. The purpose of this study is to optimize the DNA-based methods for species-specific diagnoses of microsporidiosis. The first specific aim will be to define the optimal methods for sample preparation, extraction of microsporidian DNA, and amplification of DNA by PCR for improving consistency in obtaining microsporidian DNA from clinical specimens (primarily stool and urine.) The second specific aim will be to define the levels of sensitivity, specificity, and reliability of methods used for detection of PCR DNA products. The detection methods that will be used include, ethidium bromide staining of PCR products, restriction fragment length polymorphism (PCR-RFLP), double-stranded DNA heteroduplex mobility shift analysis, and Southern analysis. The P.I. believes that the DNA-based methods incorporating the polymerase chain reaction (PCR) should result in more sensitive, specific and reliable levels of diagnosis than the histochemistry methods now being used, and will be important in epidemiology for defining the source and spread of microsporidia infections as ways to reduce exposure or prevent infection. She adds that species identification will be important for therapeutics because different species of microsporidia express different levels of sensitivity to some drugs (eg. albendazole) now being used to treat microsporidiosis.

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National Institute of Allergy and Infectious Diseases (NIAID)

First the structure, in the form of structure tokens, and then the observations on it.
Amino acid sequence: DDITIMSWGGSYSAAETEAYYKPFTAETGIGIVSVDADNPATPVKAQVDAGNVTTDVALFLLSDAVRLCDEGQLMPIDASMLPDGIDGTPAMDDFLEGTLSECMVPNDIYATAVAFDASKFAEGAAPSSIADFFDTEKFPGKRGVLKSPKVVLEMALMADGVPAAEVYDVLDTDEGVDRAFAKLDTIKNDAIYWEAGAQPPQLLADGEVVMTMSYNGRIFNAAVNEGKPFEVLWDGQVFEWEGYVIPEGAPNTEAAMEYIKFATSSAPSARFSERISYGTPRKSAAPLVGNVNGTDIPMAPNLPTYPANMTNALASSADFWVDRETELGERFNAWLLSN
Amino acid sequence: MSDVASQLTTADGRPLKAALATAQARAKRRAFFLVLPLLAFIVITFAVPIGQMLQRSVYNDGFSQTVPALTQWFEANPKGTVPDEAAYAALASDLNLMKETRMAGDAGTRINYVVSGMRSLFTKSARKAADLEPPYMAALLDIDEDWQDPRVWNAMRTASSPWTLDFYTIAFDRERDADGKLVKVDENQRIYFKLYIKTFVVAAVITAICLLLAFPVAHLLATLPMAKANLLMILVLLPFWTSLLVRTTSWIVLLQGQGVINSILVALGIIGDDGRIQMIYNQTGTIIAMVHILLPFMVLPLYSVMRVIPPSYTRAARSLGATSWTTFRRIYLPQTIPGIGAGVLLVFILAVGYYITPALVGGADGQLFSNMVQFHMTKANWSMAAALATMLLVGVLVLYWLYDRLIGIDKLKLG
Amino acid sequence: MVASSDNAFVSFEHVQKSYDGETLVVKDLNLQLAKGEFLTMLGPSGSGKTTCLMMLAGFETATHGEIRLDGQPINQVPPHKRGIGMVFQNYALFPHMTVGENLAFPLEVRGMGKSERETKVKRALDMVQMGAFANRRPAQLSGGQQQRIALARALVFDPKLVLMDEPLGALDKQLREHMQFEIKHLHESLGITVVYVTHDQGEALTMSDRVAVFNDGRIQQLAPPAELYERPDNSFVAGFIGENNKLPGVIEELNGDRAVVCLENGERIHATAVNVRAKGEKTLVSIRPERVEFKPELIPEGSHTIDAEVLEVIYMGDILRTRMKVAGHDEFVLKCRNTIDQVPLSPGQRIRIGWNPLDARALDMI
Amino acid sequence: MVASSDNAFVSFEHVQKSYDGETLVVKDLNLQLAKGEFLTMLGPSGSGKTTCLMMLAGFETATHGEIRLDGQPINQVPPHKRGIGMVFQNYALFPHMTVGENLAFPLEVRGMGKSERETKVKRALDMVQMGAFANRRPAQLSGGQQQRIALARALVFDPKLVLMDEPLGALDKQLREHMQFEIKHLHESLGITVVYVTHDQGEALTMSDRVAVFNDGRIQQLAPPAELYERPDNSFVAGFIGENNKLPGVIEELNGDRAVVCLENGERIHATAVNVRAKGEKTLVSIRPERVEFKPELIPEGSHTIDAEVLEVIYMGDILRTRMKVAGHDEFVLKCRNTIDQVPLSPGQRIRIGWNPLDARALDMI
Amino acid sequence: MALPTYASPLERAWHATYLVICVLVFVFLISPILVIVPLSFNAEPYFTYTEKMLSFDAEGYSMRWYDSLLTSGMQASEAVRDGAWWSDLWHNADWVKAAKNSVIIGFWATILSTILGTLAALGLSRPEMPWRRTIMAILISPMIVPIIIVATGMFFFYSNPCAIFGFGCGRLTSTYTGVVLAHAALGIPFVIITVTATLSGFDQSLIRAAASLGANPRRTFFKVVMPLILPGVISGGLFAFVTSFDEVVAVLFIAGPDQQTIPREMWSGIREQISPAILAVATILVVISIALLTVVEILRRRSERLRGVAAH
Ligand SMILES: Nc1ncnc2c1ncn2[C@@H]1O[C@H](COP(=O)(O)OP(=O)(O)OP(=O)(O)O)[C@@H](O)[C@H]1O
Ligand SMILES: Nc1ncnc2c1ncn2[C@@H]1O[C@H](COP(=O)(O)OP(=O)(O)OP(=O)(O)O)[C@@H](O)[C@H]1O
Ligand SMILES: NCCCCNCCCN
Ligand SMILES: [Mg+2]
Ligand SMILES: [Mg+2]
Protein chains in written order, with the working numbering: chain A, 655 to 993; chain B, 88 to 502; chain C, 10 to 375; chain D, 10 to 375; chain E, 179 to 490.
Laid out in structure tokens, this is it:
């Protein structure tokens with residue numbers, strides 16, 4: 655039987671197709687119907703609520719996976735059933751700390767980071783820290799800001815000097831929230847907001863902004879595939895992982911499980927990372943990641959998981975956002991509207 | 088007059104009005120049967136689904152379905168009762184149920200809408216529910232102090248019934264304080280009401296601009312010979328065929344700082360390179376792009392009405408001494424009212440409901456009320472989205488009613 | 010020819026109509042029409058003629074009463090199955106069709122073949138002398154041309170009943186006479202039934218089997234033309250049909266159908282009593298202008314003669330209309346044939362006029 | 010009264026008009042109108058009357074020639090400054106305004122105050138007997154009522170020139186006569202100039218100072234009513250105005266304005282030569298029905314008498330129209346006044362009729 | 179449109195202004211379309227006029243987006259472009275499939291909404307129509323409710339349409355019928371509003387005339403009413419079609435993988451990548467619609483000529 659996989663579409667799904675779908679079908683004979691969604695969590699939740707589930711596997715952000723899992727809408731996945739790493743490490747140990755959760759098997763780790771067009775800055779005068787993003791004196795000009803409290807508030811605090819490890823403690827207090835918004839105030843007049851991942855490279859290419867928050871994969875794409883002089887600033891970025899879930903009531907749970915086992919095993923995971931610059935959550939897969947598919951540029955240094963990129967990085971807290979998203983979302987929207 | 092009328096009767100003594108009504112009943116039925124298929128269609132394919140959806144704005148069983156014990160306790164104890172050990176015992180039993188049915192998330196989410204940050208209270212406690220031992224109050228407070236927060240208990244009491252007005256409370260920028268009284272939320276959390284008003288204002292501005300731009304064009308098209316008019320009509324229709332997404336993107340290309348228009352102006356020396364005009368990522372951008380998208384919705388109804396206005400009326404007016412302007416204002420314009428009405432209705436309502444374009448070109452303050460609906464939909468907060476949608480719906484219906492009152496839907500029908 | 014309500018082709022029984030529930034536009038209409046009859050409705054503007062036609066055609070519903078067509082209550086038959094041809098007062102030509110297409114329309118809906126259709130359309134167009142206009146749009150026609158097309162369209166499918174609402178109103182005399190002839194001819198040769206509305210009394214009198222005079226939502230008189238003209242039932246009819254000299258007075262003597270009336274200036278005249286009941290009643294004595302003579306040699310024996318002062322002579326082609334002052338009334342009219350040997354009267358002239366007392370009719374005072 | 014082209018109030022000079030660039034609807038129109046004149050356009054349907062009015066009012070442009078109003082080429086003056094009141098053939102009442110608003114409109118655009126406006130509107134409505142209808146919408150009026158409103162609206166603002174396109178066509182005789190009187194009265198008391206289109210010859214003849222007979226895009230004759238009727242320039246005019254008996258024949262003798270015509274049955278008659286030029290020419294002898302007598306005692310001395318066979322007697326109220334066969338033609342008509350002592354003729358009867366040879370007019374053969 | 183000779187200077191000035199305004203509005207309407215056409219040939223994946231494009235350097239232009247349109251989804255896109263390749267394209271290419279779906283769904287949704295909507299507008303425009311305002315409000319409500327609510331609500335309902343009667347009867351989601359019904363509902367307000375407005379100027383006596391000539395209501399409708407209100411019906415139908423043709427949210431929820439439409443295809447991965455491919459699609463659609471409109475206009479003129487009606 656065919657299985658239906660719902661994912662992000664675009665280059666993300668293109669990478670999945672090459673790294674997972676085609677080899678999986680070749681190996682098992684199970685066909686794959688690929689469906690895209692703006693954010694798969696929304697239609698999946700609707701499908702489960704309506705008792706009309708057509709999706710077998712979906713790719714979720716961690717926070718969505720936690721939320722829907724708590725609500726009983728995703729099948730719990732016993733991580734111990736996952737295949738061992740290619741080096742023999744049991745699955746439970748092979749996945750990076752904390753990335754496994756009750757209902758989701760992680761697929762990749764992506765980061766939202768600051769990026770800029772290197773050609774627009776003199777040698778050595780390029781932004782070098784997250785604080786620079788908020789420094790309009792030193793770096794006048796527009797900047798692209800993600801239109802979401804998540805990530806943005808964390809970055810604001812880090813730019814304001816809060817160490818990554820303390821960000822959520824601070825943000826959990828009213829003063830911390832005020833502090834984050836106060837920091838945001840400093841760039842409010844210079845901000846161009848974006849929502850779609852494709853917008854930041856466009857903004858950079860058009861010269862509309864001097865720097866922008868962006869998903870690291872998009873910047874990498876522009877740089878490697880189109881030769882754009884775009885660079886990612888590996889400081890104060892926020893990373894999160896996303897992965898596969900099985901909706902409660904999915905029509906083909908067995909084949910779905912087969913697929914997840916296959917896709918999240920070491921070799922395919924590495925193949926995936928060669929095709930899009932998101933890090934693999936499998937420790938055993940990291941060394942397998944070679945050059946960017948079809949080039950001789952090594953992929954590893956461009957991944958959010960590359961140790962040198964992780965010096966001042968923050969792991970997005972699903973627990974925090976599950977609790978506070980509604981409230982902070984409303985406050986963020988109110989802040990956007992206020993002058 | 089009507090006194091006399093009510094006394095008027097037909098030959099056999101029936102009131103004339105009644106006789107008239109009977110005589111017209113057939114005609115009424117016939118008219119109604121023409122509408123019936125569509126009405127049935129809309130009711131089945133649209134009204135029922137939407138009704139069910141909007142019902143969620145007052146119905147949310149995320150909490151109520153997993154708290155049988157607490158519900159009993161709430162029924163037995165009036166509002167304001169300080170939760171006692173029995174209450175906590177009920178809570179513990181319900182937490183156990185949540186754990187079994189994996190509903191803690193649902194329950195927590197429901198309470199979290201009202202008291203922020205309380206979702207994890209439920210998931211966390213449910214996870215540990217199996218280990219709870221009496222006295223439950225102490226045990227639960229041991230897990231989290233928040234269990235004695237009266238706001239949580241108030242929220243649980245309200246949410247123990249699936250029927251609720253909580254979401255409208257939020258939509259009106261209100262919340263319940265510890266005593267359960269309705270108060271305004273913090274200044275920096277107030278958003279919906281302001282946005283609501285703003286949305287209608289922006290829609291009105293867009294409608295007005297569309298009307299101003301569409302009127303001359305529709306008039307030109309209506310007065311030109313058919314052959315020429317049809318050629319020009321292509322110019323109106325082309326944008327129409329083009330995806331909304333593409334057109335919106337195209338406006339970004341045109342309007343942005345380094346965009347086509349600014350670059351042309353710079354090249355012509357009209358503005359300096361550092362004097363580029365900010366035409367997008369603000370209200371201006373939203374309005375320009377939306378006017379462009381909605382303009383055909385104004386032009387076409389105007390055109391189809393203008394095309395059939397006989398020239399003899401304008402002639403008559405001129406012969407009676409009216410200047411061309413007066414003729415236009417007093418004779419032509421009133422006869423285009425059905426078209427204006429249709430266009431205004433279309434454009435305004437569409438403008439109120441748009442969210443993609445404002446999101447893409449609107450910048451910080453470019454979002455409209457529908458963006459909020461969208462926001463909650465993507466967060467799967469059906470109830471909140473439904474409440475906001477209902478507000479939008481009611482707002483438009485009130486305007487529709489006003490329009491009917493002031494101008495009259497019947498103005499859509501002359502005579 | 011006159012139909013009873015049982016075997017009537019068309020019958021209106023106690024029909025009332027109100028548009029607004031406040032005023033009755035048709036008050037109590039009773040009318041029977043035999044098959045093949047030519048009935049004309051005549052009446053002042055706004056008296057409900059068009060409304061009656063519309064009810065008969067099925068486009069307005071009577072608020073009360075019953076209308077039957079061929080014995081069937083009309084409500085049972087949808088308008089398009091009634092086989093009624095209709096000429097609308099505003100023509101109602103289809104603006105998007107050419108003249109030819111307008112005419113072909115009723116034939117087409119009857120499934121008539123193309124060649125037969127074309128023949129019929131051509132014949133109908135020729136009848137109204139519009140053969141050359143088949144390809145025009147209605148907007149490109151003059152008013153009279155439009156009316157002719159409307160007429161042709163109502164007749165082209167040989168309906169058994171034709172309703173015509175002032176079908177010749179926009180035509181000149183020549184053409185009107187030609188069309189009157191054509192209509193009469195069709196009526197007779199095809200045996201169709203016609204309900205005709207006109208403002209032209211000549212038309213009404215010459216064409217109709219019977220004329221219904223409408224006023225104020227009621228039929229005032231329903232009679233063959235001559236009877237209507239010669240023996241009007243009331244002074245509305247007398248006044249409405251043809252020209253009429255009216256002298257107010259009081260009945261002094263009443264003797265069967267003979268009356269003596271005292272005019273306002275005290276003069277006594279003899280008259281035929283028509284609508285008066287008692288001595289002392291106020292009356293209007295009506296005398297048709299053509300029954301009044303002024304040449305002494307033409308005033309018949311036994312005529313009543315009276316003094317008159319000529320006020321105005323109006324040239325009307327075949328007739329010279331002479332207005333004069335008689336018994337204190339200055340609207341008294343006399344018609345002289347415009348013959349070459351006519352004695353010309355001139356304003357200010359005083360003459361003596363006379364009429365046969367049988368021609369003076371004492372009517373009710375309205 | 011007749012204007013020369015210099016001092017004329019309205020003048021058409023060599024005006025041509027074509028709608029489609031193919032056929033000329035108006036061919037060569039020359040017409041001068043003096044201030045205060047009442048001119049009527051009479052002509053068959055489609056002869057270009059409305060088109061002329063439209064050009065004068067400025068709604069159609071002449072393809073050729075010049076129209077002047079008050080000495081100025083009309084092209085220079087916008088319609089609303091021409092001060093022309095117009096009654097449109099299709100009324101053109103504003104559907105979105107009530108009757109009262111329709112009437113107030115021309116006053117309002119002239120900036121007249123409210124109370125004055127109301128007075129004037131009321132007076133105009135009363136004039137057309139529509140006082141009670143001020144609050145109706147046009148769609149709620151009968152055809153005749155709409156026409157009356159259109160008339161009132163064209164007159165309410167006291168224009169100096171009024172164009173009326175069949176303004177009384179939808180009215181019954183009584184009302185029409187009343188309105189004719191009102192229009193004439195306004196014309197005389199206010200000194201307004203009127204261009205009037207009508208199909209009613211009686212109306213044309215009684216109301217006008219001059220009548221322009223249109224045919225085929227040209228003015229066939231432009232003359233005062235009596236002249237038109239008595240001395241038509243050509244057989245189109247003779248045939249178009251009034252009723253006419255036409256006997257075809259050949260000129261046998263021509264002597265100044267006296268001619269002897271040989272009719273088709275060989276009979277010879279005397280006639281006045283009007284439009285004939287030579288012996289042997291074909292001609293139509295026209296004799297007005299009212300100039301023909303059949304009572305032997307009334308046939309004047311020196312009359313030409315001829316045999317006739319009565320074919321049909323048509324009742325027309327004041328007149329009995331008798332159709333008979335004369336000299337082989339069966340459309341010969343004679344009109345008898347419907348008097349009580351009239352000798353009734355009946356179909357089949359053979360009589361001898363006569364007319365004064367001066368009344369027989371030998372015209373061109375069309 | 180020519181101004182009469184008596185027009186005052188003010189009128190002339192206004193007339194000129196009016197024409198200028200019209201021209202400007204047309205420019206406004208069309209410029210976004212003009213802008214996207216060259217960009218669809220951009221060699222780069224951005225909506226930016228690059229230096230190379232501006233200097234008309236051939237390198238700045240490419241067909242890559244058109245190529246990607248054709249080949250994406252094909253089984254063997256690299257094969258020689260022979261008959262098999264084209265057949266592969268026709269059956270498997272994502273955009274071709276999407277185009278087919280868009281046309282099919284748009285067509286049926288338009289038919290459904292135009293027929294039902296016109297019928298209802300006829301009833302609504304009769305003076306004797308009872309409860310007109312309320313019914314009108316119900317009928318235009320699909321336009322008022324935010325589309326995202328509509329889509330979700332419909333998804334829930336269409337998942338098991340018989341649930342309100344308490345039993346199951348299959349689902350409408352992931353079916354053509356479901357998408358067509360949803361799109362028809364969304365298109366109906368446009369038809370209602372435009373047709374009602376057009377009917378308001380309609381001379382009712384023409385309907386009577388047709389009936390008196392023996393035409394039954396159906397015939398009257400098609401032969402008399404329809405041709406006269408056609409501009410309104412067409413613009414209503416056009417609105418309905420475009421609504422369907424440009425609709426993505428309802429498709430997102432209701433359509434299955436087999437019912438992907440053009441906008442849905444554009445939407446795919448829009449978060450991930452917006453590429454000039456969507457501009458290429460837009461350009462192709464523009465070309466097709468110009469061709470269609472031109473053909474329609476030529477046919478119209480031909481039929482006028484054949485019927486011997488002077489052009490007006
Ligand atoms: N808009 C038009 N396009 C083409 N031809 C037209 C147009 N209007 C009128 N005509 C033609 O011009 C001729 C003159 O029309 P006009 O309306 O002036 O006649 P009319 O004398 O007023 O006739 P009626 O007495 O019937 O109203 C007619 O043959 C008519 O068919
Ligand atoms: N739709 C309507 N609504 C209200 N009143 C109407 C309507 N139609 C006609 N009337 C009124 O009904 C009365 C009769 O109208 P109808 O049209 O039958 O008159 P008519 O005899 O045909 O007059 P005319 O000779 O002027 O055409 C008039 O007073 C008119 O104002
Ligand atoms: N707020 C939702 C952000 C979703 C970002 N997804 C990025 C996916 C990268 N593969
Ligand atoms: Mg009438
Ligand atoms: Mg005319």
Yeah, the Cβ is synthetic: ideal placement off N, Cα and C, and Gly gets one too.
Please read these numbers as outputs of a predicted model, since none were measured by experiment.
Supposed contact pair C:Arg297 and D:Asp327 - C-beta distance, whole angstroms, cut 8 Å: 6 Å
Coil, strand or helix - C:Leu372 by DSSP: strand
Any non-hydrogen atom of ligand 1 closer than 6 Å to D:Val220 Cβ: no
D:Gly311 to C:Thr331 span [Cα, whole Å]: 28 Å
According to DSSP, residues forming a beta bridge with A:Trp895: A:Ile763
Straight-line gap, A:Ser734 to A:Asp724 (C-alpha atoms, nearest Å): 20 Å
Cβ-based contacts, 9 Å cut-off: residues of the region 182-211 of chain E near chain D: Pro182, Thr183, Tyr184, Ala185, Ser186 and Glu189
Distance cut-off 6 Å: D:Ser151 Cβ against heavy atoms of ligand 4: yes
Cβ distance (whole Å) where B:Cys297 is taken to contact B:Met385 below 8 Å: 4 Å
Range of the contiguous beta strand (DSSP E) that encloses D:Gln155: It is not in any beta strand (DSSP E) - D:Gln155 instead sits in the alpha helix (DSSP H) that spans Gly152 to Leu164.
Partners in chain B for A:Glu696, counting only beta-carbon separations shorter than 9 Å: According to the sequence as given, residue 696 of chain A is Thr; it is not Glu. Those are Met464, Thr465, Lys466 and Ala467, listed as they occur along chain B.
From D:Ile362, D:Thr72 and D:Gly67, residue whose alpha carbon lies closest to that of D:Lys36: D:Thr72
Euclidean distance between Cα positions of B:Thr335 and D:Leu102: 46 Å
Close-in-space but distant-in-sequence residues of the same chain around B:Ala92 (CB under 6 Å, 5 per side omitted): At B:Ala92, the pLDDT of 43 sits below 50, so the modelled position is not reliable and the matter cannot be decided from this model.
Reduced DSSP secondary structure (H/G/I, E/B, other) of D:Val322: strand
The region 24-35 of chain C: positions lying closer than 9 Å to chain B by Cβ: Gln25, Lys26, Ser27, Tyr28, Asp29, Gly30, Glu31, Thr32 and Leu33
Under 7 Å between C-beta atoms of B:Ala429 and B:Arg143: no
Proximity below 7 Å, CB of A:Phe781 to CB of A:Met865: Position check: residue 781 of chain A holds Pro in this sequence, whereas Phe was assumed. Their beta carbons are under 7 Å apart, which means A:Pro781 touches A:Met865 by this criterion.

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AIDS and Related Research Study Section 5 (ARRE)
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Tulane University
Internal Medicine/Medicine
Schools of Public Health
New Orleans
United States
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Didier, Elizabeth S; Bowers, Lisa C; Martin, Aaron D et al. (2010) Reactive nitrogen and oxygen species, and iron sequestration contribute to macrophage-mediated control of Encephalitozoon cuniculi (Phylum Microsporidia) infection in vitro and in vivo. Microbes Infect 12:1244-51
Nkinin, Stephenson W; Asonganyi, Tazoacha; Didier, Elizabeth S et al. (2007) Microsporidian infection is prevalent in healthy people in Cameroon. J Clin Microbiol 45:2841-6
Childs-Sanford, S E; Garner, M M; Raymond, J T et al. (2006) Disseminated microsporidiosis due to Encephalitozoon hellem in an Egyptian fruit bat (Rousettus aegyptiacus). J Comp Pathol 134:370-3
Didier, Elizabeth S; Weiss, Louis M (2006) Microsporidiosis: current status. Curr Opin Infect Dis 19:485-92
Juan-Salles, C; Garner, M M; Didier, E S et al. (2006) Disseminated encephalitozoonosis in captive, juvenile, cotton-top (Saguinus oedipus) and neonatal emperor (Saguinus imperator) tamarins in North America. Vet Pathol 43:438-46
Pandrea, Ivona; Mittleider, Derek; Brindley, Paul J et al. (2005) Phylogenetic relationships of methionine aminopeptidase 2 among Encephalitozoon species and genotypes of microsporidia. Mol Biochem Parasitol 140:141-52
Didier, Elizabeth S; Maddry, Joseph A; Brindley, Paul J et al. (2005) Therapeutic strategies for human microsporidia infections. Expert Rev Anti Infect Ther 3:419-34
Didier, Elizabeth S (2005) Microsporidiosis: an emerging and opportunistic infection in humans and animals. Acta Trop 94:61-76
Green, Linda C; Didier, Peter J; Bowers, Lisa C et al. (2004) Natural and experimental infection of immunocompromised rhesus macaques (Macaca mulatta) with the microsporidian Enterocytozoon bieneusi genotype D. Microbes Infect 6:996-1002
Dascomb, K; Frazer, T; Clark, R A et al. (2000) Microsporidiosis and HIV. J Acquir Immune Defic Syndr 24:290-2

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